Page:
On the 14 February 2020, the High Court ruled that the Humberside Police decision to record a non-crime hate incident against Harry Miller for alleged transphobic tweets was unlawful. The Judge, Mr Justice Julian Knowles concluded that Mr Miller’s tweets were: “lawful and that there was not the slightest risk that he would commit a criminal offence by continuing to tweet”. He described the police actions as: “disproportionate interference with the Claimant’s [Mr Miller’s] right to freedom of expression because of their potential chilling effect”. 4
Similar to the nature of Mr Miller’s tweets, how many Londoners have ‘transgender’ and/or ‘transphobic’ non-crime hate incidents recorded against them by the Metropolitan Police Service and made in the context of the ongoing debate on the reform of the Gender Recognition Act, which the Government consulted in 2018, to allow people to self-identify as the opposite sex? Can you break the number down by year to date, since 2018?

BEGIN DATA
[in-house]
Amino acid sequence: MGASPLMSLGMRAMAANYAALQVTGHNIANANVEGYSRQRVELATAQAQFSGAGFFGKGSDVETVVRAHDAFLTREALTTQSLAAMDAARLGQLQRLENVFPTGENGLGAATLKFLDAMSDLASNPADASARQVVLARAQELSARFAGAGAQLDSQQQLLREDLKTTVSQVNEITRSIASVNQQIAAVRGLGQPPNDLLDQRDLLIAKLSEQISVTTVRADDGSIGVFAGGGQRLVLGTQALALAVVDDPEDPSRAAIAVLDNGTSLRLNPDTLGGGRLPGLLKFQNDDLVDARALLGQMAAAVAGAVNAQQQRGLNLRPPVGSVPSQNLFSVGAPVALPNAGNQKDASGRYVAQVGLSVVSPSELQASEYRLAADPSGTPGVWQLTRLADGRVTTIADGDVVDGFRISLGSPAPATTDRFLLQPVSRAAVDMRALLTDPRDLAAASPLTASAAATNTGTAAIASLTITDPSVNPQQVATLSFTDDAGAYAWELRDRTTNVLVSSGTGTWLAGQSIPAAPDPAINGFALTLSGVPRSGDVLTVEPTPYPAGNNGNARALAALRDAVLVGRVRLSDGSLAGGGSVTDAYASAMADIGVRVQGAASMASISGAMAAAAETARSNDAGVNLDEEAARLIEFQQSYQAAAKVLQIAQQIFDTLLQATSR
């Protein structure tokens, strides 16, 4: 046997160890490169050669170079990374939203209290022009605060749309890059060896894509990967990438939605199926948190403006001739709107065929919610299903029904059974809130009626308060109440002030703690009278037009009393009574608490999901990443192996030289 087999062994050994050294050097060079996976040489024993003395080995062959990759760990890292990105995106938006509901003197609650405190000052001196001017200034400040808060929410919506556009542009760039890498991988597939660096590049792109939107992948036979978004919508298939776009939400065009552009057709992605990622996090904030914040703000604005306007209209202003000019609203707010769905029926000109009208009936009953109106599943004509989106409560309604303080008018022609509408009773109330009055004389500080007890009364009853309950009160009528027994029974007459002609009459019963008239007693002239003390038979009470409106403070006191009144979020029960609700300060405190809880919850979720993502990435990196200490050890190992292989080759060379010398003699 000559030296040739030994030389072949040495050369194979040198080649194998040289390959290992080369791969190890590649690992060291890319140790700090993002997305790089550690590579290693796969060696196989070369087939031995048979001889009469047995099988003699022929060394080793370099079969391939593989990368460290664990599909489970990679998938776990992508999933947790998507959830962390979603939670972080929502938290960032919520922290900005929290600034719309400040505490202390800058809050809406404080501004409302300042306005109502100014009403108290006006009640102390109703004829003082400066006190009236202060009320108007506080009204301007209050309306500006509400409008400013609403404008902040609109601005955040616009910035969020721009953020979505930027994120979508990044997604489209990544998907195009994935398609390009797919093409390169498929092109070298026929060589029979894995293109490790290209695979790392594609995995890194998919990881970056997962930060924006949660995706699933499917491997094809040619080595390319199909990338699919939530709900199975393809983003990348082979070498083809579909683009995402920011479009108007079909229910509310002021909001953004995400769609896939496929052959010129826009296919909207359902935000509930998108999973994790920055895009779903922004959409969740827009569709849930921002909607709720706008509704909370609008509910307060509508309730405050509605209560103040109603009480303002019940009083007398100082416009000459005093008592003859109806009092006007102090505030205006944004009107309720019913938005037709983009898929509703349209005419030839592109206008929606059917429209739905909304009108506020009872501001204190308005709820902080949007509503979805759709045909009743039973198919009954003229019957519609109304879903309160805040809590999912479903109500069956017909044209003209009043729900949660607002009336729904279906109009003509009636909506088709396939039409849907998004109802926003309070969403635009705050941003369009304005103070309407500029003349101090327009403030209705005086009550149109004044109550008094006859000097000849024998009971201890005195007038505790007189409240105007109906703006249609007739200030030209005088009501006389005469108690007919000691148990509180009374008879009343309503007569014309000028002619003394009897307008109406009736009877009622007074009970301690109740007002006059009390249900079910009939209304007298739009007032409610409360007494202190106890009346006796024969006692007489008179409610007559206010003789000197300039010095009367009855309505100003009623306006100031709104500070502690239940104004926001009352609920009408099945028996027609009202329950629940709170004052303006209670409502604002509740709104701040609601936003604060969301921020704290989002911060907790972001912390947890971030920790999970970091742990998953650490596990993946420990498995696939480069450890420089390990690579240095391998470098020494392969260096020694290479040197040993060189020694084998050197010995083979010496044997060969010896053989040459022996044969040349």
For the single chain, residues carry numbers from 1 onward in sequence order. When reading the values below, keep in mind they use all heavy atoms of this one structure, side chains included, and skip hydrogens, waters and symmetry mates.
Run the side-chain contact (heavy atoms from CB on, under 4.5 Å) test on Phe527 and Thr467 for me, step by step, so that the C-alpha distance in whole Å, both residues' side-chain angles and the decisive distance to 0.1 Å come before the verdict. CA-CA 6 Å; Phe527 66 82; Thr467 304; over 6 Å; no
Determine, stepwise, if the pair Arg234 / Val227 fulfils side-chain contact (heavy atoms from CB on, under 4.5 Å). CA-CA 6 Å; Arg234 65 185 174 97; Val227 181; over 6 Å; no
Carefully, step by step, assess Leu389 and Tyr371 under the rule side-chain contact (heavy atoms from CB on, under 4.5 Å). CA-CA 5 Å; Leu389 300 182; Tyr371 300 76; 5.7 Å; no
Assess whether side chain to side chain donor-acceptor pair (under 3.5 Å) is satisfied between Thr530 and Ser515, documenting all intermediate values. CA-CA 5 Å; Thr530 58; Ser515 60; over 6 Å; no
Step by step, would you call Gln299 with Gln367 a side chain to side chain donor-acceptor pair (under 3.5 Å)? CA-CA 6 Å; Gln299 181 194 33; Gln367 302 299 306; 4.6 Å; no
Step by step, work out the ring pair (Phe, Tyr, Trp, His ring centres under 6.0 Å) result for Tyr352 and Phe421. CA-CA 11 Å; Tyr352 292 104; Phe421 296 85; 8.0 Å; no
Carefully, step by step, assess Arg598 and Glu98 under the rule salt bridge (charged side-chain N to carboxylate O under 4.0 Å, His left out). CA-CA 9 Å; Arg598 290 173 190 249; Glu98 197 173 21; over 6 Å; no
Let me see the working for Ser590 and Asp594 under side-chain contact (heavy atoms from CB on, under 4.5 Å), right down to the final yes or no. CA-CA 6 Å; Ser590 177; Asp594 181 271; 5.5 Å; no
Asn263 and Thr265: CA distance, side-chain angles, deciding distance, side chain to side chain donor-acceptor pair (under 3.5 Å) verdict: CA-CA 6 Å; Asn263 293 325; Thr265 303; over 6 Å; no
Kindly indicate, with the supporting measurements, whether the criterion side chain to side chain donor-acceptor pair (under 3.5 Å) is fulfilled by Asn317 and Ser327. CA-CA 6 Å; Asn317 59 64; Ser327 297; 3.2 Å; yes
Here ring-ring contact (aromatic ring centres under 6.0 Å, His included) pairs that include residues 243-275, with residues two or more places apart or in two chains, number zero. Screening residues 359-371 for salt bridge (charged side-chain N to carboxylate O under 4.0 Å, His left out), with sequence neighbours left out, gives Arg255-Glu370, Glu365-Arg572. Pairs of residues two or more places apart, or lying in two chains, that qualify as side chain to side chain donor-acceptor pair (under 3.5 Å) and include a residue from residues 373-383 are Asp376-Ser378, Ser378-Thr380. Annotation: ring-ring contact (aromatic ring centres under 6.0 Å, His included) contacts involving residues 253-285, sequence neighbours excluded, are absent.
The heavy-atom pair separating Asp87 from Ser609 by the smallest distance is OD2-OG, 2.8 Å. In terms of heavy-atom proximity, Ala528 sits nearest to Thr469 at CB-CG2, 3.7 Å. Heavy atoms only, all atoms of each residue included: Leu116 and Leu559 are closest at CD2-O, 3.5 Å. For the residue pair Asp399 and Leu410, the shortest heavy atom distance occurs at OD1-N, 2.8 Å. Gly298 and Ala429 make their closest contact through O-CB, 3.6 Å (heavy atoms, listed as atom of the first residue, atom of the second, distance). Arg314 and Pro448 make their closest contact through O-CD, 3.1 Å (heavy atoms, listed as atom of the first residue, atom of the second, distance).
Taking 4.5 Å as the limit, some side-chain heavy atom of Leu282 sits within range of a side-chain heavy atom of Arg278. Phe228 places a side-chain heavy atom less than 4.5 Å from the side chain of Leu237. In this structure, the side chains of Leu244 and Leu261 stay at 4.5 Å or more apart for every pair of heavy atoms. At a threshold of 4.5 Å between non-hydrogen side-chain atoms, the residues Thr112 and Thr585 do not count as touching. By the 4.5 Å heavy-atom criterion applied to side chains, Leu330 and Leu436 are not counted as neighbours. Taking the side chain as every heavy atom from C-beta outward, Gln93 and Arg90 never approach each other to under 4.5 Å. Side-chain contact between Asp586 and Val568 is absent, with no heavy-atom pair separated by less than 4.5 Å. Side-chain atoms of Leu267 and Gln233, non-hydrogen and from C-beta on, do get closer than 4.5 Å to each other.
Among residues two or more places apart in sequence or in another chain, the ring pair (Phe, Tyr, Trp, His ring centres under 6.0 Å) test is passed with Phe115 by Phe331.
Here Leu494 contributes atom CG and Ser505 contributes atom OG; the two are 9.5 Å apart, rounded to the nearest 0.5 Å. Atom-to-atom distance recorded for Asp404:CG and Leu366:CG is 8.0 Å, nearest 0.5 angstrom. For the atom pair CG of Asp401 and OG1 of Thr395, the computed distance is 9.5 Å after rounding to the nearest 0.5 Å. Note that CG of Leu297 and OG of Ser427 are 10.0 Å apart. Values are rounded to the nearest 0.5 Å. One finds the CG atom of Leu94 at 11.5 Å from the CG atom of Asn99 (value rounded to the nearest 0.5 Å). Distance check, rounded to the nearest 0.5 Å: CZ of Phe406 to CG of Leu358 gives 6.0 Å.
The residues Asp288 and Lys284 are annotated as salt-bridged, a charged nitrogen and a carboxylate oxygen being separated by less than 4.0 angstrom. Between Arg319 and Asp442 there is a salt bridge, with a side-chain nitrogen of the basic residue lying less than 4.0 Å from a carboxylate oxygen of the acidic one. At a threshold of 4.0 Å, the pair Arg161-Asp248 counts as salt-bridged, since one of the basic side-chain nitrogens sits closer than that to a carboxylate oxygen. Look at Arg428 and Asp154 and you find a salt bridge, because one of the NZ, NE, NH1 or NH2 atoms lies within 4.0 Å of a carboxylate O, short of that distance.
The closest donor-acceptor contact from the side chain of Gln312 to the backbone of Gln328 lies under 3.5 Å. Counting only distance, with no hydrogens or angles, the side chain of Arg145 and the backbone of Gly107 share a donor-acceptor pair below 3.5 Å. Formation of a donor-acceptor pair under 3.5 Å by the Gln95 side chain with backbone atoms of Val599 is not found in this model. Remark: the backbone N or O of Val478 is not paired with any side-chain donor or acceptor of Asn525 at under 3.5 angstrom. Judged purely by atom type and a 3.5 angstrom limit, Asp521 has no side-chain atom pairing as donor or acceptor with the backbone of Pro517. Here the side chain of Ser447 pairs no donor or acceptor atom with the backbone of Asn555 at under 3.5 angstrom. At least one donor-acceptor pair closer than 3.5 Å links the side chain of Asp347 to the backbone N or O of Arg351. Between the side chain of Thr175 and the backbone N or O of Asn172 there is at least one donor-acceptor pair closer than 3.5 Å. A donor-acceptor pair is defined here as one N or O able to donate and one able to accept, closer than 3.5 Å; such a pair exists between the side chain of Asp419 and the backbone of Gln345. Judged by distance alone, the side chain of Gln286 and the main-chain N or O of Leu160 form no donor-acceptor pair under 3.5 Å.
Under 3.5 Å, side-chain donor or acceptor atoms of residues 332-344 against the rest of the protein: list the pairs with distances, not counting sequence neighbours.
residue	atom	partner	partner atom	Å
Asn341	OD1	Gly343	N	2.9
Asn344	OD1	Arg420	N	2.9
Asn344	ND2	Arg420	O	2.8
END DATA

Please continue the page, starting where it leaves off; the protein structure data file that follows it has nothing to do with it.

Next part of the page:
4 High Court press summary, 14 February 2020 https://www.judiciary.uk/wp-content/uploads/2020/02/miller-v-college-of-police-summary.pdf
Recording of non-crime hate incidents is both lawful and extremely important in protecting people. On February 14th, Mr Justice Knowles ruled that the recording a non-crime hate incident does not interfere on an individual’s rights. The Honourable Mr Justice Knowles said ‘the recording of non-crime hate incidents barely encroaches on freedom of expression, if it does so at all.”